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Thread: How to use the DC-3 autopilot??

  1. #1

    Default How to use the DC-3 autopilot??

    I would like a good description of how to use the DC-3 autopilot in FS2004 or FSX?? Does anyone have experience using it?

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    There is a pretty good explanation in the FS9 Learning Center, so I won't regurgitate it all here, hehehe.

    Seriously, take a look there, and if you still have questions feel free to ask.

    It's pretty simple, really.

    peace,
    the Bean

    [edit]
    Sorry, look under DC-3 Flight notes.
    [/edit]
    Last edited by StringBean; 03-19-2010 at 08:36 PM.
    WWOD---What Would Opa Do?
    Farewell, my freind (sp)

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    Default my 20 hours in the DC 3

    The DC 3 is the coolest/easiest aircraft to fly in FS. The AP makes it easy once you get the hang of it. The trick is to use keyboard shortcuts. Z turns on the AP which in turn heads the aircraft to the heading that the heading bug is set to. To change the heading, turn the knob on the top right of the AP. the AP will not have a NAV/GPS setting which is ok because it forces you to use the heading knob for easy flying to point the aircraft where you want it to go or you just have to fly the plane yourself towards the navaid of your choosing. Once you figure out how to tune in the navaids and use the right switches on the plane, navigating is easy. For ILS app, just tune in the freq on nav 1 and hit ctrl-A. All you have to do is to adjust the speed of the aircraft for a smooth landing.

  4. #4

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    Quote Originally Posted by plainsman View Post
    I would like a good description of how to use the DC-3 autopilot in FS2004 or FSX?? Does anyone have experience using it?
    As Bean so wisely suggested, the Learning Center within the sim (either version) has a good explanation.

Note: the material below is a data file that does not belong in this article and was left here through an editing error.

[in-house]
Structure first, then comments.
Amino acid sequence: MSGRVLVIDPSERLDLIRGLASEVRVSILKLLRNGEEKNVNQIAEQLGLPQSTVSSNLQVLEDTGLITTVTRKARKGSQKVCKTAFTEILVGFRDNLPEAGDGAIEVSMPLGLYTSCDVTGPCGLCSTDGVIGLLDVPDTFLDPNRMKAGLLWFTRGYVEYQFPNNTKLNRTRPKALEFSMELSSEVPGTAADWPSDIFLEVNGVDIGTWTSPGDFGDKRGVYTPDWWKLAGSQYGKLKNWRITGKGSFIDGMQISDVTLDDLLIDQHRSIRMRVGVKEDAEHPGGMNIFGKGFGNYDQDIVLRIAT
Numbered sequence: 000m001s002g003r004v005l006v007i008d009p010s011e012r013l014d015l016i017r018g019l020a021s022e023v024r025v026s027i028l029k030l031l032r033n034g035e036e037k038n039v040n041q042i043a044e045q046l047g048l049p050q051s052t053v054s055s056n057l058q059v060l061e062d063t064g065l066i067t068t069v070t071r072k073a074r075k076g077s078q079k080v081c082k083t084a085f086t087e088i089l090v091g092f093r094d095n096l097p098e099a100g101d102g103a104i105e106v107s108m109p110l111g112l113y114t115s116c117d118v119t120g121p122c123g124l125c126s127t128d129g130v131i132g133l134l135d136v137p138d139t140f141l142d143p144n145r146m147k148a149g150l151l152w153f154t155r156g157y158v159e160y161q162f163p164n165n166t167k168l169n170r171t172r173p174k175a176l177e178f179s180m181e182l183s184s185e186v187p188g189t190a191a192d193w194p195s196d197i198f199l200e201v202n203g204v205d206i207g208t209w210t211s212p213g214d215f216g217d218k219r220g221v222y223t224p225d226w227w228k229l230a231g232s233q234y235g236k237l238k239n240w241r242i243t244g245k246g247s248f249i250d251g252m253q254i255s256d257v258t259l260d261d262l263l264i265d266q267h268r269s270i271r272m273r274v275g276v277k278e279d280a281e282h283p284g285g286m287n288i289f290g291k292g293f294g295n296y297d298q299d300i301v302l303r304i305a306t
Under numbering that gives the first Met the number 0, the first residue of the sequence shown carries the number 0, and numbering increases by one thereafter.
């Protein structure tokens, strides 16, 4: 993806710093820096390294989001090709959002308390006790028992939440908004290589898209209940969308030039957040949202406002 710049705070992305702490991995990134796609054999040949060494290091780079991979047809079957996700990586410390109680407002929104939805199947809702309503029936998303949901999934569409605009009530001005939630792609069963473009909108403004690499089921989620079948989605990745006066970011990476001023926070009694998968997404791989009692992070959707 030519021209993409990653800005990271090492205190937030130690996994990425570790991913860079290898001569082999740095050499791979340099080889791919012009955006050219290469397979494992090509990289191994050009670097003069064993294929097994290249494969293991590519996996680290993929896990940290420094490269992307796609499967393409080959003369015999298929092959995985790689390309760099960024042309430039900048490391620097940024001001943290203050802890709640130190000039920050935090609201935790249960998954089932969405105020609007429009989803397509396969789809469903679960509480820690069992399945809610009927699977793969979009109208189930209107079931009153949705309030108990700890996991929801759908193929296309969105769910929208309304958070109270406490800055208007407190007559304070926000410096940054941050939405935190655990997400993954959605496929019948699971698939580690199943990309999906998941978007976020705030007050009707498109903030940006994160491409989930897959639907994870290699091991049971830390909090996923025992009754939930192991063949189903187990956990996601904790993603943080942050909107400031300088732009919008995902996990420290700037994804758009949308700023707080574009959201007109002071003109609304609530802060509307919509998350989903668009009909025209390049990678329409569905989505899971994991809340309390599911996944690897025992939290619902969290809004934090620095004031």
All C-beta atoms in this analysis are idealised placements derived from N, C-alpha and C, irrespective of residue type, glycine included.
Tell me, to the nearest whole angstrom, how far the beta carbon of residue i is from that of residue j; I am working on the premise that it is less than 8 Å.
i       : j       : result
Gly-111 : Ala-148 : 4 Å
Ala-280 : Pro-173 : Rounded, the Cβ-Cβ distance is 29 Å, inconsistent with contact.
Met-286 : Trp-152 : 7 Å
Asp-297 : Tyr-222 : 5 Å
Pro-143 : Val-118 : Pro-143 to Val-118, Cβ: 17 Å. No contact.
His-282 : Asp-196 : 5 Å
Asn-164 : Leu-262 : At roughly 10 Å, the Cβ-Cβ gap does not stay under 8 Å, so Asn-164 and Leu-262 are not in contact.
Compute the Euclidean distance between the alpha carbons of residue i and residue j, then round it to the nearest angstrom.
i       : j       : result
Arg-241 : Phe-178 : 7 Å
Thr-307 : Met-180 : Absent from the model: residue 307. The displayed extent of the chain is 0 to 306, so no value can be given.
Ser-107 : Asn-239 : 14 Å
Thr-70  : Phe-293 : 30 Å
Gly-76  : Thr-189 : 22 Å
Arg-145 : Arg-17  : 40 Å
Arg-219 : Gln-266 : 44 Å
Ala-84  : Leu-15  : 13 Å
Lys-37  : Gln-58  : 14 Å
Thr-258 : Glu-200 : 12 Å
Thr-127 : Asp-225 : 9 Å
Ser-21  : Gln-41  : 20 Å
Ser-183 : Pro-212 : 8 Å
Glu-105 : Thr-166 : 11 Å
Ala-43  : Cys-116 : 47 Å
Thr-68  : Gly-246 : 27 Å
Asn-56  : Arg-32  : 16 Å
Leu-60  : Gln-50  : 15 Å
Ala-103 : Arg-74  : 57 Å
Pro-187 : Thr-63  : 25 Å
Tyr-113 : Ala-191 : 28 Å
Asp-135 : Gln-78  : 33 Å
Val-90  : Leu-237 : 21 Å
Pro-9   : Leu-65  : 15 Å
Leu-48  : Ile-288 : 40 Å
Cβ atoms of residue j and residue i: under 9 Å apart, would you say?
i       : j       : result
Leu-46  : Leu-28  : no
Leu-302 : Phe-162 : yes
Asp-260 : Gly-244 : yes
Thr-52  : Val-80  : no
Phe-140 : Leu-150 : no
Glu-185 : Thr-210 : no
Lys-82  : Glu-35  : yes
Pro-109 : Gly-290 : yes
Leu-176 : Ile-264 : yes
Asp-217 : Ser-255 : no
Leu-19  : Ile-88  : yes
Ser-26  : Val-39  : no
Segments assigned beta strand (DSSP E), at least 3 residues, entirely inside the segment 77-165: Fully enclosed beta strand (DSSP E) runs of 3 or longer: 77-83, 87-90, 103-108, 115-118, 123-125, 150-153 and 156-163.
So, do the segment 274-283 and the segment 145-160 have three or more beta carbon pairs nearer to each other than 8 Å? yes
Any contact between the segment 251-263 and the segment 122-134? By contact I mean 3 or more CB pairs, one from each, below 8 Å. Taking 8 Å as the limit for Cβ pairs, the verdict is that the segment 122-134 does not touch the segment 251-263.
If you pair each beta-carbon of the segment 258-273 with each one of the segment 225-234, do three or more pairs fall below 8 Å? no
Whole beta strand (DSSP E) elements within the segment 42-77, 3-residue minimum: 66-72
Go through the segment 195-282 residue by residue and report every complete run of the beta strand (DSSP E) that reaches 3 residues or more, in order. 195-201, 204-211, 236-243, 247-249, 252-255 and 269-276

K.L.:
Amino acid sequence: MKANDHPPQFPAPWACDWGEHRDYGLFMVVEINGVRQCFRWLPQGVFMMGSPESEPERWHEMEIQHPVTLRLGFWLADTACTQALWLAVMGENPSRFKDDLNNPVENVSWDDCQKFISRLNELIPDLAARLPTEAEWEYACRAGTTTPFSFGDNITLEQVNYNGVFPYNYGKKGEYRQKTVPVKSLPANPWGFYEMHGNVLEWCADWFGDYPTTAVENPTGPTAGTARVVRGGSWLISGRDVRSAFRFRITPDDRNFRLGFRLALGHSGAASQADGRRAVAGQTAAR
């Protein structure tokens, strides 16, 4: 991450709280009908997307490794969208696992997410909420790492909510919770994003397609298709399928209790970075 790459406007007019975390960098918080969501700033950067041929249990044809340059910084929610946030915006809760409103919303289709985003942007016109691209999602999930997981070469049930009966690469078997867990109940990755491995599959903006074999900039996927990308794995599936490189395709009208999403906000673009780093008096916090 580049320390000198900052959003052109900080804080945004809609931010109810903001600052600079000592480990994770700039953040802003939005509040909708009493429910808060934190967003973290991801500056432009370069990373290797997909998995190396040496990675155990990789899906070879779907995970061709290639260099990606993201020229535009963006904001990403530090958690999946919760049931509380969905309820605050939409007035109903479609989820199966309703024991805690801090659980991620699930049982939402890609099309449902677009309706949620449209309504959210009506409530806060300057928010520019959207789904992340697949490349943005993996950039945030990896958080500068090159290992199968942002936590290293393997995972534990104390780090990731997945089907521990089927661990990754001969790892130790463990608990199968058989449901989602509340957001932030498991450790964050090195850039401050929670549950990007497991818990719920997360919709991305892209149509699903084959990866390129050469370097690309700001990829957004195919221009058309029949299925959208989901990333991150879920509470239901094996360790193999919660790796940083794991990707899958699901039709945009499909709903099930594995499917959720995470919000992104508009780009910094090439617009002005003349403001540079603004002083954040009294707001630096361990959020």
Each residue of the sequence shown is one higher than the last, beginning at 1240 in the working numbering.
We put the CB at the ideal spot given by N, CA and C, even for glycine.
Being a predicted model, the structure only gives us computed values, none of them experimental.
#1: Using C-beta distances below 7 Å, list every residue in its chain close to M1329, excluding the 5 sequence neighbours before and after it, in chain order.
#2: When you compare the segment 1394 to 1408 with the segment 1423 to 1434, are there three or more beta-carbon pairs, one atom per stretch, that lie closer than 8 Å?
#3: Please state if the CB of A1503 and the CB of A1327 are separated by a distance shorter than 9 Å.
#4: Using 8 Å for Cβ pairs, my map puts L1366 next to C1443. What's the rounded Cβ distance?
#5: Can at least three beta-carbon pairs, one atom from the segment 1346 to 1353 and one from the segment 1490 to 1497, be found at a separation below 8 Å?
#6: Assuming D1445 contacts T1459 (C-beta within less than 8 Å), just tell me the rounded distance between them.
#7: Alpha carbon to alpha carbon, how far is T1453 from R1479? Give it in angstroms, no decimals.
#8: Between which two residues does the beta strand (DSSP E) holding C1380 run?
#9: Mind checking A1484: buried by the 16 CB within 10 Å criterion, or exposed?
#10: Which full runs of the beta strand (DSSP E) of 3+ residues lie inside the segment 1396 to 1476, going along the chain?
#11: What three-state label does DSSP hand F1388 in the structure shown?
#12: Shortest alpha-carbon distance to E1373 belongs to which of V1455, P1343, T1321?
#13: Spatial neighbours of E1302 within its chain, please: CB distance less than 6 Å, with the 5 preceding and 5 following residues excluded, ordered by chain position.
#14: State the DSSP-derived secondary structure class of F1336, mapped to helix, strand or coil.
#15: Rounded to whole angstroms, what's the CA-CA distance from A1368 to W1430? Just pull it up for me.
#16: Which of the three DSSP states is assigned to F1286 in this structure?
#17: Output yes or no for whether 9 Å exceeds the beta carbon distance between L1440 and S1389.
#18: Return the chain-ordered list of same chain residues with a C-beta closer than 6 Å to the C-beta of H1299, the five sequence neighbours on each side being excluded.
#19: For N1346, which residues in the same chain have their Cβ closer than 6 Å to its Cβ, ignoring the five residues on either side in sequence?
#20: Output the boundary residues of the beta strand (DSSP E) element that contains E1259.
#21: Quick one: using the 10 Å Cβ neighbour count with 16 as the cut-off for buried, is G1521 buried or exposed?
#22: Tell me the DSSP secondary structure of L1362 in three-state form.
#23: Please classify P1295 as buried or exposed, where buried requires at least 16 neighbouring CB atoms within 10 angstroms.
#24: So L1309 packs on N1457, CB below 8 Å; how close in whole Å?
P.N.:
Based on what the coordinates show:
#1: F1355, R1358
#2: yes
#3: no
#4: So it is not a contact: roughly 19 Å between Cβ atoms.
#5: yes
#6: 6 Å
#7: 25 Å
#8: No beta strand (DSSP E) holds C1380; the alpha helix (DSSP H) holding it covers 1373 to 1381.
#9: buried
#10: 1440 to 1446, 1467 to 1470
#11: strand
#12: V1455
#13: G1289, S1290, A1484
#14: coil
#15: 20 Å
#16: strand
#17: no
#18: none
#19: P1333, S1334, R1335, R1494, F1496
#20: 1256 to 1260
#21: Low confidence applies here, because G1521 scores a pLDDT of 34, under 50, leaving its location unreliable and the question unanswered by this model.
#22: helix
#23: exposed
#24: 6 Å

What you may not realize is that the Learning Center in both FS2004 and FSX can be accessed at anytime from your Desktop - the sim does not have to be running.

    I have posted this info several times before but will do it again for the benefit of those who may have missed it.

    For FS2004:

    Create a new Shortcut on your Desktop. Carefully Copy and Paste the following line into the "target" box of the new shortcut;

    C:\Program Files\Microsoft Games\Flight Simulator 9\FSweb\frameset_ingame_help.htm

    That assumes a FS2004 installation in the default location - edit the path if necessary.

    Give the shortcut a name such as shortcut to FS2004 Learning Center.

    For FSX - the same basic procedure except the line to Copy and Paste is this:

    C:\Program Files\Microsoft Games\Microsoft Flight Simulator X\Uires\lc01.htm

    Edit the path if your installtion is elsewhere.

    Now you can access all the features of the Learning Ceneter and even review the Lessons at anytime without having to fire up the sim.

    Hope you find the above useful.
    David "Opa" Marshall

  5. #5

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    I understood how to set a heading and that it would hold a pitch if you establish it flying by the stick, but I still don't quite understand how to establish a rate of climb after you are flying level for a bit. For example, you are cruising at 8,500 feet and want to climb to 10,500 feet at 400 feet per minute. Do you have to just keep hitting the pitch knob with the mouse to establish the climb, or do you have to turn off the AP and reestablish a climb by hand?

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    I'm in the middle of a long flight and won't be able to check what's below till late this evening. Nevertheless, here's an educated guess...

    I believe that in the autopilots of the late 40s the pitch knob was simply an attitude control applying a trim tab bias to whatever deck angle was being commanded by the yoke/wheel. (The turn knob was also an attitude control, I believe, in this case bank angle.) Whether applying nose up pitch through the pitch knob would result in a climb would therefore depend on the power setting.